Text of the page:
I broke my wrist a couple of weeks ago, swing dancing with my husband, Jamie. The first week we had so many wonderful items dropped by that I barely had to lift a spoon to cook. I was a bit more capable and in the mood this past week, enough so that I gave this Prune Cake a try.

Now you will laugh at me when I tell you why this cake, the recipe for which I’ve had for some time, appealed to me so much this week. I have had to take painkillers, which have the all too common side effect of leaving the patient longing for bran cereal, bran muffins, dried fruit in any form and lots of it, anything promising fiber, whole grains and, of course, prunes. I kept on hand a steady supply of stewed prunes that I swallowed early and often.

So as I flipped through a file folder of “Recipes to Try,” this one practically leapt into my hand. Not that I truly thought the cake would be, as Mother used to say, “good for what ails you,” but it had that magic word prune in the title.

A few years ago, the prune producers of America tried to rebrand prunes as the more elegant-sounding “dried plums” because they were weary of the fruit’s dowdy reputation. I don’t think they succeeded, though of course there are lots of lovely things to do with prunes besides ingesting them as a daily necessity.

An island neighbor, Linda Gilles, gave me this recipe eight years ago after I asked for it at a church function. She brought it as a tea cake, and I thought it was lovely and rich, full of spices and with a tender moistness. The recipe hails from the South, the Beaumont Inn in Harrodsburg, Ky. It features buttermilk in both the cake and the sauce. I was generous with spices. I started with dried pitted prunes and crammed a cup full of them, then stewed them up. I took a potato masher to them because with one hand it was easier than using a food processor.

Serve this as a single-layer cake with sauce on it. It will produce two 9-inch layers or one 9-by-13-inch cake.

Looking for …

Chocolate shortcakes (or scones or biscuits). We are still looking for this recipe. Ann Barnett in Greenbush inquired about this recipe because she thought they would be good with strawberries. Anyone? I suppose I could experiment but I would rather start with advice from one of you good people.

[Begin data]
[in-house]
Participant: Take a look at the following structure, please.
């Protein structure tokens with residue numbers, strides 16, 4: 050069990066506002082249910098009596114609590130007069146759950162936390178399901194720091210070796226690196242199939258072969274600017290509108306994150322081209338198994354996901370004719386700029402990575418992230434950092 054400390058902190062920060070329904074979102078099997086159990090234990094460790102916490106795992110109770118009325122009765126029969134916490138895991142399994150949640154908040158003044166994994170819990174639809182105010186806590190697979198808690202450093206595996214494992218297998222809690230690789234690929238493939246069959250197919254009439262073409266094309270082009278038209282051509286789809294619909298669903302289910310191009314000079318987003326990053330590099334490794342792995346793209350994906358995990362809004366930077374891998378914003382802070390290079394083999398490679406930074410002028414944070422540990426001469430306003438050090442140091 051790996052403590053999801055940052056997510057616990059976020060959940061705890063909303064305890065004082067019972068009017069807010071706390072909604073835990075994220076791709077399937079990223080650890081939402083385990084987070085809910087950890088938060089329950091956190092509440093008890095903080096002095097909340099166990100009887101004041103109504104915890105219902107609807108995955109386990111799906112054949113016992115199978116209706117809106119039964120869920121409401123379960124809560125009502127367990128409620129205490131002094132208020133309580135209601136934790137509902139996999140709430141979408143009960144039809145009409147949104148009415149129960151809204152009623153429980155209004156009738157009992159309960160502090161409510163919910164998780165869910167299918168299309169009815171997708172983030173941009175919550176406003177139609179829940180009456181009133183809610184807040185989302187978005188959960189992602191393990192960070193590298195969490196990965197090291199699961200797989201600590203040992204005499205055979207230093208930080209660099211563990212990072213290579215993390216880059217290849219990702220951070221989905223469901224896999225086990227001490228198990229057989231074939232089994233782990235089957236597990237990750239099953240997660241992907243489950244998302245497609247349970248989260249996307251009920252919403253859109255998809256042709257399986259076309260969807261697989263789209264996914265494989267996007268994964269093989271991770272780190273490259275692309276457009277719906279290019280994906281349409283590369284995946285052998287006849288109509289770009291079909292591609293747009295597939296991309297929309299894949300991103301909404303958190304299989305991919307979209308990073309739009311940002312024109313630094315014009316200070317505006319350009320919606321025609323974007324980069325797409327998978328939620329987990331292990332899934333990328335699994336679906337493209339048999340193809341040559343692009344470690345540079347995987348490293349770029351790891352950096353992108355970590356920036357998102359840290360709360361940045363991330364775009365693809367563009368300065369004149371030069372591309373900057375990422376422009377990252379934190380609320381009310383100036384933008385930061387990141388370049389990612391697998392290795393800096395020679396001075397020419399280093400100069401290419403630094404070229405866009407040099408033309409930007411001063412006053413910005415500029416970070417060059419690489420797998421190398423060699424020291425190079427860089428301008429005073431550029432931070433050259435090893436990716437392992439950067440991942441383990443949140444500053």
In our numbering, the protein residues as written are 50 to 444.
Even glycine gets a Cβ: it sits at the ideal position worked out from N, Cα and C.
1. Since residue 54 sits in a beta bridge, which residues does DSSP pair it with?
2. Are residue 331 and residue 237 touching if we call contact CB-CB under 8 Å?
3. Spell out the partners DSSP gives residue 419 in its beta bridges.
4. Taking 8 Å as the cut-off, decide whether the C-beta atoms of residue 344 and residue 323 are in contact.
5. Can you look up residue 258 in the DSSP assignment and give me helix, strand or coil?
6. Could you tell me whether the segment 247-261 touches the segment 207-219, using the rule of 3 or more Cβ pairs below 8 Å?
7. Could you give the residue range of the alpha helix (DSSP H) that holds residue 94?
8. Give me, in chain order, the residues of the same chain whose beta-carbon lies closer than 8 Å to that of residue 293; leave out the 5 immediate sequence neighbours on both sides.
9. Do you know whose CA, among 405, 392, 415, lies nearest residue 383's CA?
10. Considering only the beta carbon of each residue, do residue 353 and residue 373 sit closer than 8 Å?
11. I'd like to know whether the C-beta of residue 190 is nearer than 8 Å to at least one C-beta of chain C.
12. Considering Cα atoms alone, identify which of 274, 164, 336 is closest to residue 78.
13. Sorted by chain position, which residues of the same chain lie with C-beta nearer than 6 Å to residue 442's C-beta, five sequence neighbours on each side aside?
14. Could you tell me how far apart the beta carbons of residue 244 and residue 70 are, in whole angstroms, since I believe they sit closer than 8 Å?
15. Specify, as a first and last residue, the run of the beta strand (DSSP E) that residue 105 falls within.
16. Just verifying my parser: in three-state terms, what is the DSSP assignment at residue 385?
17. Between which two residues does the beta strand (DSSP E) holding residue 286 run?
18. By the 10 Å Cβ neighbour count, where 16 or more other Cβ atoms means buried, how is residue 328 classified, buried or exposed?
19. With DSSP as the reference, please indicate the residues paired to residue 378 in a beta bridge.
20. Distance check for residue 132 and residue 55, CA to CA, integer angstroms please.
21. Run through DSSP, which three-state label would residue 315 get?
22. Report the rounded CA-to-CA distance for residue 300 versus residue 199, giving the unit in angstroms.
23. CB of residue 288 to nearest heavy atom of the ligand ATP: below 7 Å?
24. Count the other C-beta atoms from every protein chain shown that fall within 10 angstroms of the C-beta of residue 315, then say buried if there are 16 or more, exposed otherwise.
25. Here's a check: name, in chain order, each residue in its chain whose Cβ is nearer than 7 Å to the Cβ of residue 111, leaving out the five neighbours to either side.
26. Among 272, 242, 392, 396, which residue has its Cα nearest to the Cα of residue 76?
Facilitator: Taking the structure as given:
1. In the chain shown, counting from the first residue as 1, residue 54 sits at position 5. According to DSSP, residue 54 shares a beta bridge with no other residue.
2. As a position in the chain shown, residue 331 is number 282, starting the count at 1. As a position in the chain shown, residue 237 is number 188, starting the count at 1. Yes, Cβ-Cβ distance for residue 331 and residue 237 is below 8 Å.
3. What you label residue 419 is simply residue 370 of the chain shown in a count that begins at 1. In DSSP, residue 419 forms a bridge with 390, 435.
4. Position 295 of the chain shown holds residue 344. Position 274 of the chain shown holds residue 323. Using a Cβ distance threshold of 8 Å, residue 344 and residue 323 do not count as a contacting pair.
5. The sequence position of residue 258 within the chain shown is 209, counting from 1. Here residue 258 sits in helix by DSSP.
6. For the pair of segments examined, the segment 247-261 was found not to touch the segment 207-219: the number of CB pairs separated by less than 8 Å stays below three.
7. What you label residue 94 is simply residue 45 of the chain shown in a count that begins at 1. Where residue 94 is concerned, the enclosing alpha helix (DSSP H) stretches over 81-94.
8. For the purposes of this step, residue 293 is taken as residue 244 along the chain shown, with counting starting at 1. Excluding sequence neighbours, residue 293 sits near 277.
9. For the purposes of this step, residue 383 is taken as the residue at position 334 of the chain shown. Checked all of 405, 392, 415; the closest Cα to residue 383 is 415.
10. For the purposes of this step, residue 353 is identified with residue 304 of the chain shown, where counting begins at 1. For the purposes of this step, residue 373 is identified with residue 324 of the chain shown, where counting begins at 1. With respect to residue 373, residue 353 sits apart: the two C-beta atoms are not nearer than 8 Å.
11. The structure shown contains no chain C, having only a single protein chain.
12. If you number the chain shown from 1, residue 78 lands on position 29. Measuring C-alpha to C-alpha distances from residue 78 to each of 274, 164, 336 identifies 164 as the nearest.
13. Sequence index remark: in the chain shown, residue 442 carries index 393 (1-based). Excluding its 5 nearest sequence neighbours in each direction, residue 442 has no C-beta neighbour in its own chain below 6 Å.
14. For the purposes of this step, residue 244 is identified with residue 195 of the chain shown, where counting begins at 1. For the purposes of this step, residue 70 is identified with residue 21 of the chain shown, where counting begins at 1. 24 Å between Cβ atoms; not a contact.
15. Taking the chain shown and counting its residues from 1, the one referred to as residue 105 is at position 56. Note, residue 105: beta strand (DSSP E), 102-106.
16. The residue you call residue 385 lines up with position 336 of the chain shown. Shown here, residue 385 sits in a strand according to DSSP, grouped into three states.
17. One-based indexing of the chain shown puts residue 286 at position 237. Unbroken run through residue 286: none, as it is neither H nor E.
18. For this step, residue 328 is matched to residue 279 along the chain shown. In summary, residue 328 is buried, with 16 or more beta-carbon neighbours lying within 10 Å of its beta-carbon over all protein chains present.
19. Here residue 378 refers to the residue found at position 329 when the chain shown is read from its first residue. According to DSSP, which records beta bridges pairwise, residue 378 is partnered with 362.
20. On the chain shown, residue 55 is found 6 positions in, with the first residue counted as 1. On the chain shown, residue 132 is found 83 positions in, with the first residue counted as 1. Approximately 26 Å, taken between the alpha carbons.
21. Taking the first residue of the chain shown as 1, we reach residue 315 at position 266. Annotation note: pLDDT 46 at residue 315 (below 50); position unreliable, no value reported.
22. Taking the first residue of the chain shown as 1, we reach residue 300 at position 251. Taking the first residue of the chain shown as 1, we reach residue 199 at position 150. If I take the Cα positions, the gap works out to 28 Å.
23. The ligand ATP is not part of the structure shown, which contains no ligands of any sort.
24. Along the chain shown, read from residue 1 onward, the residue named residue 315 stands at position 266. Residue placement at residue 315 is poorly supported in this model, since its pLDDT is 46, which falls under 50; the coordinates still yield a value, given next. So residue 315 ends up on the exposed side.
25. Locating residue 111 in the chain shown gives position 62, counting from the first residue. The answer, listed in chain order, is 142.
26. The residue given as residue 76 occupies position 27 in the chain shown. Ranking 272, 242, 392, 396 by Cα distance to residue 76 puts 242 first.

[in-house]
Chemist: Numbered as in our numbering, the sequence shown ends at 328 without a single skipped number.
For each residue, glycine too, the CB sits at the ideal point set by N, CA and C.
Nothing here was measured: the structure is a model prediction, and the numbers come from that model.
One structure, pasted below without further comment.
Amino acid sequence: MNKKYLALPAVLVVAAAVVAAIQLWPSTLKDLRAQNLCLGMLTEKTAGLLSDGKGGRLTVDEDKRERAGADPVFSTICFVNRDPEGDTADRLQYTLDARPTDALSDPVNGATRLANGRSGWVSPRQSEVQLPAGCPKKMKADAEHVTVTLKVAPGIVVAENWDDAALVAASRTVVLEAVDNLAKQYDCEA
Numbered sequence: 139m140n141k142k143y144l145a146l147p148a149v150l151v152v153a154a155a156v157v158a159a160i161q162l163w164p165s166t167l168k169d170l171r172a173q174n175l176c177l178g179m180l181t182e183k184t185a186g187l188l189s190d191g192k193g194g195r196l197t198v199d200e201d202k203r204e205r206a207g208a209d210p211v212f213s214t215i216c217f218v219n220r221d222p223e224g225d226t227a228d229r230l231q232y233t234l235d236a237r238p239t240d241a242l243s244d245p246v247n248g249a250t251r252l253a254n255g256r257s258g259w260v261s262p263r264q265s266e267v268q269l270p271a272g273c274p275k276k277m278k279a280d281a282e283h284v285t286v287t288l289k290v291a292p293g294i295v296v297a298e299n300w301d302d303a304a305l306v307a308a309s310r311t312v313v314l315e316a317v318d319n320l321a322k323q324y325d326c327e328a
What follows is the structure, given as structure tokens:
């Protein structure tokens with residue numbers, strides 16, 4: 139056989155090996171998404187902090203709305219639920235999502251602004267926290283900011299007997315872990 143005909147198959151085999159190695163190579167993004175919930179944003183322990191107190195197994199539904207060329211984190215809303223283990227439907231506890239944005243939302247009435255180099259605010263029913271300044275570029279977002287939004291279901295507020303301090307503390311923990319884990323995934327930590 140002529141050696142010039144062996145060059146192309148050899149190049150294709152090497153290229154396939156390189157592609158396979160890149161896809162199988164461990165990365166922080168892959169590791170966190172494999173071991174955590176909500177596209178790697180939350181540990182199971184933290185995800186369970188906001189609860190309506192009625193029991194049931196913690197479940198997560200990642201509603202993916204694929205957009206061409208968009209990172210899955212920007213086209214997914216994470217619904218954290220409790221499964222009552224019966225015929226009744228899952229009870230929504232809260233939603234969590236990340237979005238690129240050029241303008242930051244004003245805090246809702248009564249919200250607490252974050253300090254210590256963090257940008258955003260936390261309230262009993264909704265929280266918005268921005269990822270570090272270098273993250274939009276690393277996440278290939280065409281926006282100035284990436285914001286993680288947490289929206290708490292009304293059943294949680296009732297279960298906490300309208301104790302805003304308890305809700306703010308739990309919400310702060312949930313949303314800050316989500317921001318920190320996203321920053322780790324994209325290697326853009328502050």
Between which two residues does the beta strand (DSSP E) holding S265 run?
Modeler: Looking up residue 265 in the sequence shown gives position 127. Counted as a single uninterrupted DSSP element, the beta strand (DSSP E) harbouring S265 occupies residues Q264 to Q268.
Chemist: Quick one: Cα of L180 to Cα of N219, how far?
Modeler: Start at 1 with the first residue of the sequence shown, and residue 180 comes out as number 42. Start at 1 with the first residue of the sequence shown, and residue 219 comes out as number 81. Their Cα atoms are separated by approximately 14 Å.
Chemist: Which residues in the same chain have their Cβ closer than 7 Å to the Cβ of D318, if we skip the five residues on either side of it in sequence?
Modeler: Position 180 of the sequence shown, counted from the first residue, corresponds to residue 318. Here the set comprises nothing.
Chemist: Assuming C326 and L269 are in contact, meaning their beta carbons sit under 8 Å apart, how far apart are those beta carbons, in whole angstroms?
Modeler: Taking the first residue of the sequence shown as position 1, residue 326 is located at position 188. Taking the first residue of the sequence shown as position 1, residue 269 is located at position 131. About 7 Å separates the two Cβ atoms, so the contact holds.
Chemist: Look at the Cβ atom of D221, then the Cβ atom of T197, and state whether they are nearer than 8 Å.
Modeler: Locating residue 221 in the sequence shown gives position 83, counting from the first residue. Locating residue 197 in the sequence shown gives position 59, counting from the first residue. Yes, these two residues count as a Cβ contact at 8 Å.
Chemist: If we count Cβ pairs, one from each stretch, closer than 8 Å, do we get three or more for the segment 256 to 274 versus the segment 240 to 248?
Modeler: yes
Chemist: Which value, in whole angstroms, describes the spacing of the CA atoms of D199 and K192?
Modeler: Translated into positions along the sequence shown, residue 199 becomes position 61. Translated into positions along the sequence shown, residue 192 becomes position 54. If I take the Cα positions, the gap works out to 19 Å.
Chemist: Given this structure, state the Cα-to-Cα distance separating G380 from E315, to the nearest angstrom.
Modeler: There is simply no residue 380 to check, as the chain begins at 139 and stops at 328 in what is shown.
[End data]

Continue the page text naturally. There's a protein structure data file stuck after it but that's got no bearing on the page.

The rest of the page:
Contact: Sandy Oliver, 1061 Main Road, Islesboro 04848. E-mail: tastebuds@prexar.com.

For recipes, tell us where they came from. List ingredients, specify number of servings and do not abbreviate measurements. Include name, address and phone number.

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Prune Cake

2 cups flour

1½ teaspoons baking soda

1 teaspoon cinnamon

1 teaspoon nutmeg

1 teaspoon allspice

1 teaspoon vanilla

1 cup vegetable oil

3 eggs, beaten

1 cup buttermilk

1½ cups sugar

1 cup cooked, chopped prunes

1 cup chopped pecans or walnuts (optional)

Preheat oven to 300 degrees and oil and line baking pan(s) with waxed paper. Sift dry ingredients together. Put oil, eggs, buttermilk, and sugar into a mixing bowl and beat well together, add dry ingredients and fold in prunes and nuts. Bake for 45 minutes or until the center springs back when you touch it. Make the sauce while the cake bakes. Take from the oven and let it cool 10 minutes.


1 cup sugar

½ cup buttermilk

½ teaspoon baking soda dissolved in the buttermilk

1 tablespoon corn syrup

¾ stick (6 tablespoons) butter

½ teaspoon vanilla

Mix all together in small saucepan and bring to a boil. Cook for one minute. Set aside.

Invert still-warm cake onto a serving platter. Spoon sauce over and let it soak in, using all the sauce.

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Sandy Oliver, Taste Buds

Sandy Oliver Sandy is a freelance food writer with the column Taste Buds appearing weekly since 2006 in the Bangor Daily News, and regular columns in Maine Boats, Homes, and Harbors magazine and The Working...